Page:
Posted on | June 16, 2009 | 2 Comments
- Regional differences in climate will become more prounounced. Rain will increase in the Northeast and Midwest and decline in much of the West, in particular the Southwest.
- Substantial changes in the water cycle are expected. A warmer climate increases evaporation of water from land and sea and allows more moisture to be held in the atmosphere. For every 1 degree Fahrenheit in temperature, the water holding capacity of the atmosphere increases by about 4 per cent.
- Changes in atmospheric circulation will tend to move storm tracks northward, with the result that dry areas will become drier and wet areas wetter, hence the Southwest is projected to experience longer and more severe droughts.
- Increased air temperatures lead to higher water temperatures, which have already been detected in many streams, especially during low-flow periods. In lakes and reservoirs, higher water temperatures lead to longer periods of summer stratification, when surface and bottom waters do not mix. Dissolved oxygen is reduced in lakes, reservoirs and rivers at higher temperatures. Low oxygen stresses aquatic animals such as coldwater fish and the insects and crustaceons on which they feed. Lower oxygen levels also decrease the self-purification capabilities of rivers.
- The negative effects of water pollution will be amplified.
- Because climate change will significantly modify many aspects of the water cycle, the assumption of an unchanging climate is no longer appropriate for many aspects of water planning. Past assumptions derived from the historical record about supply and demand will need to be revisited.
Understanding that climate change is upon us is crucial to preparing a response, say spokespeople for the participating agencies and White House.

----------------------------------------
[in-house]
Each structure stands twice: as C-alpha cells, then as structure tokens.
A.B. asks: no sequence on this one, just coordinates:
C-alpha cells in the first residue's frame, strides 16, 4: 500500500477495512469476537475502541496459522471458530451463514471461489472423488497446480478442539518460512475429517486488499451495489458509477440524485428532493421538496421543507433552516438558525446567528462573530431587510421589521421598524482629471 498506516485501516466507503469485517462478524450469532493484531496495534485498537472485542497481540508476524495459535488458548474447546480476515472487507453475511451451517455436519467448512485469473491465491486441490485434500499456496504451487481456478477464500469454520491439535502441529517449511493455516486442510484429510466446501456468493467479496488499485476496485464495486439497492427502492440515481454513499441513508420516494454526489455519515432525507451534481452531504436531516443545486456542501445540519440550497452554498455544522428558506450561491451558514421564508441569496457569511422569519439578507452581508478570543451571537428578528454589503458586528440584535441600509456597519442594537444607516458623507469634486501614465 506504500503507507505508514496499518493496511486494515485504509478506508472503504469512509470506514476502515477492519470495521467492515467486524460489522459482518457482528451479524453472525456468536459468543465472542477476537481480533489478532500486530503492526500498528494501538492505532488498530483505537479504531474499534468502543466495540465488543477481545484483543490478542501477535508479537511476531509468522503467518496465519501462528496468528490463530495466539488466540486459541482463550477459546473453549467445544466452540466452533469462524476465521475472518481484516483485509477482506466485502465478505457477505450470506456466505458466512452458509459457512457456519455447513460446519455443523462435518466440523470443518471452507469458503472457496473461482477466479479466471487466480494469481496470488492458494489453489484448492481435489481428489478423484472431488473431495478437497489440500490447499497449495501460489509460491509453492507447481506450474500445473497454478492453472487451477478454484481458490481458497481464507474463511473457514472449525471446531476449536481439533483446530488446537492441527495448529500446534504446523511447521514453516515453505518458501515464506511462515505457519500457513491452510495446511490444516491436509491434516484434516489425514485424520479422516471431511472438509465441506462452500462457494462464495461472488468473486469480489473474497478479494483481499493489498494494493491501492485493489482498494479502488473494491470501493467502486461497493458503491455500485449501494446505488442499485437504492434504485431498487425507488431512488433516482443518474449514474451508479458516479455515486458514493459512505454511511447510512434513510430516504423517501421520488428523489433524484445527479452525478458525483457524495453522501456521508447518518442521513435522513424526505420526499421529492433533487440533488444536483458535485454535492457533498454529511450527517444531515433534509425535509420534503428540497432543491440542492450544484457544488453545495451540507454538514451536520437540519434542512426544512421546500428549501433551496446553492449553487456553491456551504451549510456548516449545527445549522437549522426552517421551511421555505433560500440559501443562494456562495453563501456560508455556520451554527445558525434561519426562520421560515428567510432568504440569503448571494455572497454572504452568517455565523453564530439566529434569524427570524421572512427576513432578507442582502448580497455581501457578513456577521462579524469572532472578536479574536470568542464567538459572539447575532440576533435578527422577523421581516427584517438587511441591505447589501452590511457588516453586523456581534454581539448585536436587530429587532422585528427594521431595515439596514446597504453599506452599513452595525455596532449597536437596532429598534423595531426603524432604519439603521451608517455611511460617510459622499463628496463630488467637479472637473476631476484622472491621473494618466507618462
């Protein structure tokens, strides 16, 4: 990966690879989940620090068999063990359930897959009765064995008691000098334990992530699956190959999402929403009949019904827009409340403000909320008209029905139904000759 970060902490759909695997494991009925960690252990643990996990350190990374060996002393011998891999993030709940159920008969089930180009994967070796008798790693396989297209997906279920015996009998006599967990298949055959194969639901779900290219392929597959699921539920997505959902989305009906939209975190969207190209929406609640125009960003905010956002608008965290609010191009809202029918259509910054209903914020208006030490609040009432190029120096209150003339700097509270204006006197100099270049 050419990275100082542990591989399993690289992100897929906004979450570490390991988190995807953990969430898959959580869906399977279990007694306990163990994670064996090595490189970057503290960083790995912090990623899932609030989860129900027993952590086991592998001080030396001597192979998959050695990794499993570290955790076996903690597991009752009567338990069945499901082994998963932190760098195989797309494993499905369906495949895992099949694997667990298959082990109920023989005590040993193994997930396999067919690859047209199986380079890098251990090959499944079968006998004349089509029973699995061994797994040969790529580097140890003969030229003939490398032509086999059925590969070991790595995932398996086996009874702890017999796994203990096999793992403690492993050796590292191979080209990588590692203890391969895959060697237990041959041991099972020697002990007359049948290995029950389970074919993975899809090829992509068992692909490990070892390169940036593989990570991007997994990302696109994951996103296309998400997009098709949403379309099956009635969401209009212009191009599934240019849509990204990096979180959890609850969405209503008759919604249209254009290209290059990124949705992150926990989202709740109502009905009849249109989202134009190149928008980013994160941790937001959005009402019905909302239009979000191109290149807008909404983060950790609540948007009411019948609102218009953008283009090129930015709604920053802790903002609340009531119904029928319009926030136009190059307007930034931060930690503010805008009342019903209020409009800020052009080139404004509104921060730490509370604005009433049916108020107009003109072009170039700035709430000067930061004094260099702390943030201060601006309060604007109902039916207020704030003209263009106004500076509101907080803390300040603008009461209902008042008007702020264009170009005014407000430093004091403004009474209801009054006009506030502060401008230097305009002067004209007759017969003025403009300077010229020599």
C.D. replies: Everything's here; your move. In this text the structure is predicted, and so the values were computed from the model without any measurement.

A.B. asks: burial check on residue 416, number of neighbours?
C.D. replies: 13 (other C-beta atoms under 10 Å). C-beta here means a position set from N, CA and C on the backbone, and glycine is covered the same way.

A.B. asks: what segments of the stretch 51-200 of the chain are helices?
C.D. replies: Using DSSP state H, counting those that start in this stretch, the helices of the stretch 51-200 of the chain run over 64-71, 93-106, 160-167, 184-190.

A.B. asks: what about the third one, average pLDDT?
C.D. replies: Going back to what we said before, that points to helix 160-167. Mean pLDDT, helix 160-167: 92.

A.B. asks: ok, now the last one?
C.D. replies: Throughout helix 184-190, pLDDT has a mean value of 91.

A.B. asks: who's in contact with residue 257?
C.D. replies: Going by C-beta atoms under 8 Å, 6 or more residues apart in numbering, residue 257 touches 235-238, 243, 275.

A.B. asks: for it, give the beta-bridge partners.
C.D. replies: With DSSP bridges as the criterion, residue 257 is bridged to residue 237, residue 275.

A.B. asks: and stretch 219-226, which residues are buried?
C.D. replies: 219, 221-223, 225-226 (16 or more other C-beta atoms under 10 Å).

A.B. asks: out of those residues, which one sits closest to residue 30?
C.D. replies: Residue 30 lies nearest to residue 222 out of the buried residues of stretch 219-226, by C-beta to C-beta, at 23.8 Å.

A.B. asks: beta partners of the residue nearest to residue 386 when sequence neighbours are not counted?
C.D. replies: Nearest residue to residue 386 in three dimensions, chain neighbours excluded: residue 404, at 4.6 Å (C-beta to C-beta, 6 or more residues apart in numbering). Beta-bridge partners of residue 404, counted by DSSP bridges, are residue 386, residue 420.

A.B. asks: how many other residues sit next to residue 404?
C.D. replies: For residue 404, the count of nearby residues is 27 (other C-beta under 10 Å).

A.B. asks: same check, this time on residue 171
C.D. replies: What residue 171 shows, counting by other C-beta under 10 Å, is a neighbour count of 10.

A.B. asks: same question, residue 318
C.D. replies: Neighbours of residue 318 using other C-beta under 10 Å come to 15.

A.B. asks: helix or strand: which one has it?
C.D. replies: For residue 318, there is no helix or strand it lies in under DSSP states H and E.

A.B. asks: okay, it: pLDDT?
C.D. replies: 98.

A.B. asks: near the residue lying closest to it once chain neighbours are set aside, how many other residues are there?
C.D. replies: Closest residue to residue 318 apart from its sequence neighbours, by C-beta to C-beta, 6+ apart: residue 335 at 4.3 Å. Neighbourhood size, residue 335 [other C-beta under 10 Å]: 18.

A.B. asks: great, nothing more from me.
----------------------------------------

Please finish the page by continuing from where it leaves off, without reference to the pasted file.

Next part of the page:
From the National Oceanic and Atmospheric Administration’s press release:
Responses to climate change fall into two categories. The first involves “mitigation” measures to limit climate change by reducing emissions of heat-trapping pollution or increasing their removal from the atmosphere. The second involves “adaptation” measures to improve our ability to cope with or avoid harmful impacts, and take advantage of beneficial ones. “Both of these are necessary elements of an effective response strategy,” said Jerry Melillo of the Marine Biological Laboratory in Woods Hole, MA, a report co-chair.
“By comparing impacts that are projected to result from higher versus lower emissions of heat-trapping gasses, our report underscores the importance and real economic value of reducing those emissions,” said Tom Karl, director of NOAA’s National Climatic Data Center in Asheville, N.C. and one of the co-chairs of the report. “It shows that the choices made now will have far-reaching consequences.”
The report draws from a large body of scientific information, including the set of 21 Synthesis and Assessment reports from the U.S. Global Change Research Program. The government agencies affiliated with the program include the Departments of Agriculture, Commerce, Defense, Energy, Health and Human Services, Interior, State, and Transportation; the Environmental Protection Agency; NASA; National Science Foundation; Smithsonian Institution; and the United States Agency for International Development.
The report is available for download online.
This report was updated at 9am, Wednesday June 17.